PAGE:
Over 650 million people live in the rural areas in China, and 'rural informatization (Nóngcun Xìnxi huà)' – improving access to information communications technology (ICT) and enhancing the lives of rural citizens – has been one of the top development priorities in China since the last decade. A significant number of rural ICT investments have been made by the central and local governments as well as by the private sector.
This report, titled Information and Communications in the Chinese Countryside: A Study of Three Provinces, offers central and local government policymakers recommendations for enhancing rural informatization. It is informed by several years of research carried out in rural areas of three provinces (Shandong, Jilin, and Guizhou). The scope of the study included: (a) a demand survey to assess rural ICT access and usage; (b) a review of ICT in primary and secondary schools; (c) a survey of public libraries, including the extent of ICT use in rural libraries; and (d) an assessment of specific ICT interventions to examine how they have affected rural users. Much of the published information about rural ICT development in China describes infrastructure deployment, with top-level target monitoring statistics. This report sheds light on findings at the grassroots level through surveys and interviews, exploring the nature of demand for ICT services from rural populations, and considers whether this demand is being adequately addressed. Though there are differences in infrastructure and access across the three provinces, the structural challenges are similar. The lessons learned are not only consistent across the three provinces but are also similar to research findings on rural informatization in other provinces. Thus they are likely to be relevant for making recommendations about future approaches in other rural areas in China.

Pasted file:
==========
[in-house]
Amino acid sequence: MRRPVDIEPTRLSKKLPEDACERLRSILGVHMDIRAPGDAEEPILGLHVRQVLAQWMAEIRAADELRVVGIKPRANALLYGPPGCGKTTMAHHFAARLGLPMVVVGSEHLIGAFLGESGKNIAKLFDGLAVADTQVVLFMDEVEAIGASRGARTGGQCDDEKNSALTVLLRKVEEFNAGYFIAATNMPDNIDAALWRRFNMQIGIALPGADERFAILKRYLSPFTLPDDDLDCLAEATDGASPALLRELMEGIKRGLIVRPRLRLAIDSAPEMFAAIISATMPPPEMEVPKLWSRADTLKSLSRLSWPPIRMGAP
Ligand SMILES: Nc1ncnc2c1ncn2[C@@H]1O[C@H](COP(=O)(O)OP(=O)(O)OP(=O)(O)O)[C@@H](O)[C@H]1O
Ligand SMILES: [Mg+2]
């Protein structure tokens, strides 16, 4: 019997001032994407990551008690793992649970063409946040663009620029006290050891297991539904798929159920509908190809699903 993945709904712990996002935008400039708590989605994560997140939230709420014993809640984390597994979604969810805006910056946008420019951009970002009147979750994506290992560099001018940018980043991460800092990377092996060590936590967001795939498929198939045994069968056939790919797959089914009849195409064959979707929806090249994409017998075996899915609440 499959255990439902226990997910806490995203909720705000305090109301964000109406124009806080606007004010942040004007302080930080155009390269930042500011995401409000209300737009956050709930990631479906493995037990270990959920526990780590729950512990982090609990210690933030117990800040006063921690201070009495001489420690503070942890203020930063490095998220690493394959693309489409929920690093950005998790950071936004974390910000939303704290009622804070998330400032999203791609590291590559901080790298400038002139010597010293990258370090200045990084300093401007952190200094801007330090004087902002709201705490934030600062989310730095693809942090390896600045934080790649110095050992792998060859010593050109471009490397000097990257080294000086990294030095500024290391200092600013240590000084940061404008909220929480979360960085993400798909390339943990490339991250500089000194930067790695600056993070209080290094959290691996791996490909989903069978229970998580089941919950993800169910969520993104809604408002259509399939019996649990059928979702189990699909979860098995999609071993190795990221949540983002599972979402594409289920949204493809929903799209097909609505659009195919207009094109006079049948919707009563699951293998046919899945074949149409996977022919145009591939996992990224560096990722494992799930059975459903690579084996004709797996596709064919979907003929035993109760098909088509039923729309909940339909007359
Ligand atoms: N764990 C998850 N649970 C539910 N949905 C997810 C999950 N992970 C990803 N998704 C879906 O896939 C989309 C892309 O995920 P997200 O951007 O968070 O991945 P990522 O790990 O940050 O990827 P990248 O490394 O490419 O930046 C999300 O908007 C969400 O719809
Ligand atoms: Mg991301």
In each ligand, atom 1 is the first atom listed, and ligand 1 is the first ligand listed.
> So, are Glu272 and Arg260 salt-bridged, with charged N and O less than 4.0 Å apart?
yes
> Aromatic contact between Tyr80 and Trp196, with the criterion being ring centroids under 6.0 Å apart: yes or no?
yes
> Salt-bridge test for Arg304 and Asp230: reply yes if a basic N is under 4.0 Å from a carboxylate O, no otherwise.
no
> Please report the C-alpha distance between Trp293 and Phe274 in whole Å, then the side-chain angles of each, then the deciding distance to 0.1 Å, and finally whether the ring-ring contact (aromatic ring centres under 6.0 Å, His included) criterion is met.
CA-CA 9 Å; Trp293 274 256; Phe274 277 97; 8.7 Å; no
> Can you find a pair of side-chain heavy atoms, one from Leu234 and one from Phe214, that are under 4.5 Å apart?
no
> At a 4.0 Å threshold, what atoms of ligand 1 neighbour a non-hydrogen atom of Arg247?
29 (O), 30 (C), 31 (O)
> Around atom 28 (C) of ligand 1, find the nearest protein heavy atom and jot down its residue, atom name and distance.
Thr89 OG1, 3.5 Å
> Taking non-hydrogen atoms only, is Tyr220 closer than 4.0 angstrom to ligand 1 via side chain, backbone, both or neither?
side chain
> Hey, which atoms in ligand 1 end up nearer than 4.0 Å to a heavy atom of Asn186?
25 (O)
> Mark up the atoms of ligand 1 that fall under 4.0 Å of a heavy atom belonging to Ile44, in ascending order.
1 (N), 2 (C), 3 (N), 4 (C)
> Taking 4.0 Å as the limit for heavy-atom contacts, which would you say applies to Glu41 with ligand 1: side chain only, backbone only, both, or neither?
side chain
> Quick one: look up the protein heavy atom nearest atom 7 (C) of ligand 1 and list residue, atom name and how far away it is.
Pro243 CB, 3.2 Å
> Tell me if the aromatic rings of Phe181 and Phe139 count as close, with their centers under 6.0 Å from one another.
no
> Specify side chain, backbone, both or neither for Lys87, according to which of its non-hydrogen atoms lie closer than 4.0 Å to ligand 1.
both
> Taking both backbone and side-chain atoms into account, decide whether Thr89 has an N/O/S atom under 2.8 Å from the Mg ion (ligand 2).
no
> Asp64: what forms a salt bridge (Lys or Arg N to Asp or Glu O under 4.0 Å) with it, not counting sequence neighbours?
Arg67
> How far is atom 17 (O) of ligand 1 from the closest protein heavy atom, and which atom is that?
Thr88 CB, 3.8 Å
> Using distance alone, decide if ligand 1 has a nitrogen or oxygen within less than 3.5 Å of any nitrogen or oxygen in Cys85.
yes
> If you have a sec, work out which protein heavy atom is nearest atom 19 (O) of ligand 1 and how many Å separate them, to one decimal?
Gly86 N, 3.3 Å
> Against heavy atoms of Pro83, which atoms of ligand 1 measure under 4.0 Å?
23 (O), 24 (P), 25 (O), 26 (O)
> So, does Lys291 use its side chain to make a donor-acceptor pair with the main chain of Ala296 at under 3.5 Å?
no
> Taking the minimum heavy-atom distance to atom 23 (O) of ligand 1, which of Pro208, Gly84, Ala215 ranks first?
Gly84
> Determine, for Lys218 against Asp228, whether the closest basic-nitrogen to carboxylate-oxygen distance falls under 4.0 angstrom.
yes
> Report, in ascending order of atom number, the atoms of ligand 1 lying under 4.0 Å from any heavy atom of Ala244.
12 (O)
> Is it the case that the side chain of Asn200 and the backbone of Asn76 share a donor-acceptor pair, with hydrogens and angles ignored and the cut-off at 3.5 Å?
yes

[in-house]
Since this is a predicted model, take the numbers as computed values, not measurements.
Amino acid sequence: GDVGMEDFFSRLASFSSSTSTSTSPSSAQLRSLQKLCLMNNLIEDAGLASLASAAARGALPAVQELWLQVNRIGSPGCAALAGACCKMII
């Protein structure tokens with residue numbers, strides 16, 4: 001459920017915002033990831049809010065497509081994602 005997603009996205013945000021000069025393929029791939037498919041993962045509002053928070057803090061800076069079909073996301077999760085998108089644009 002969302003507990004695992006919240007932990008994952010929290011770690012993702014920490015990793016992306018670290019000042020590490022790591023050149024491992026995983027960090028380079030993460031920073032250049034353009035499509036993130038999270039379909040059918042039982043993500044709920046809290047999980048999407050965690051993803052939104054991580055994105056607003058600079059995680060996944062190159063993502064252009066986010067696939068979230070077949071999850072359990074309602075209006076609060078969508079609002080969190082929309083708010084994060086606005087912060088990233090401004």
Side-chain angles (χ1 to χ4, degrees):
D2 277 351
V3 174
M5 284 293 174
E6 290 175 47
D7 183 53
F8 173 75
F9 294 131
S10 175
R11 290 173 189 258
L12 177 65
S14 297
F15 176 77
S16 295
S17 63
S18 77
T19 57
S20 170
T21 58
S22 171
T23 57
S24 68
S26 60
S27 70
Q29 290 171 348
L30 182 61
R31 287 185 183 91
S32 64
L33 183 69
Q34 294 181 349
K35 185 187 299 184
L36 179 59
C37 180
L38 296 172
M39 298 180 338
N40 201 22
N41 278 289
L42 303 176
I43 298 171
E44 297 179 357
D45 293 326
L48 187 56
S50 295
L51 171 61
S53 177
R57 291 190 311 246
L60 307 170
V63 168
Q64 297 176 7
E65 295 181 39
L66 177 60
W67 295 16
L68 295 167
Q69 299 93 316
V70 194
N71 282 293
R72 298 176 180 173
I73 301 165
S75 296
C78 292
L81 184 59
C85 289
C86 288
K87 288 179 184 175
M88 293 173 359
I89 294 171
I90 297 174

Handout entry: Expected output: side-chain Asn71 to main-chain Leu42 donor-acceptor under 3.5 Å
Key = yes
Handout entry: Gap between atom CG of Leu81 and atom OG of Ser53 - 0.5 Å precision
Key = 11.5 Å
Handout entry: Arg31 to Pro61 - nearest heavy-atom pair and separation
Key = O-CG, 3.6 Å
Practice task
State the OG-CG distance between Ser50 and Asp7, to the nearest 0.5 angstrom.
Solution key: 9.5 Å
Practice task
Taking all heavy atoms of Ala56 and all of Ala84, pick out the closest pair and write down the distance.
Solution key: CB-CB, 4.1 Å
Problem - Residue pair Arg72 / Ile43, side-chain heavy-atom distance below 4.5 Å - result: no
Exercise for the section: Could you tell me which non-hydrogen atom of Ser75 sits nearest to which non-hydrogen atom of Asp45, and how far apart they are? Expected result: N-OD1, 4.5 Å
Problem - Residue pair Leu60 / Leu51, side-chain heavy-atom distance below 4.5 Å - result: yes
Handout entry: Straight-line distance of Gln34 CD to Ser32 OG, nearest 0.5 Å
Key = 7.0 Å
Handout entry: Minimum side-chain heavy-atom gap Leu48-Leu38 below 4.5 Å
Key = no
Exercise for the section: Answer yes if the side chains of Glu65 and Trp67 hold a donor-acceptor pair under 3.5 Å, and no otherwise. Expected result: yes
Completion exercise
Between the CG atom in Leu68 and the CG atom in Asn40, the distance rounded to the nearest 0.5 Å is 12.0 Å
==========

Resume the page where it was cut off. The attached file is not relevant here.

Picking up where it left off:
Information and Communications in the Chinese Countryside: A Study of Three Provinces considers the impact from investments in rural ICT in selected provinces, and what can be learned from these experiences. It identifies the key drivers of demand for ICT services from the perspective of the rural population, and highlights some innovative approaches taken to use ICT for agricultural productivity enhancement. A notable feature of the report is an assessment of the role of public libraries whose network extends from major metropolitan centres all the way to the village level. The main messages emerging from the report acknowledge the significant progress in improving basic access to ICT infrastructure, emphasizing the need for a stronger focus on demand-side interventions, user skills development and outreach, and institutional collaboration.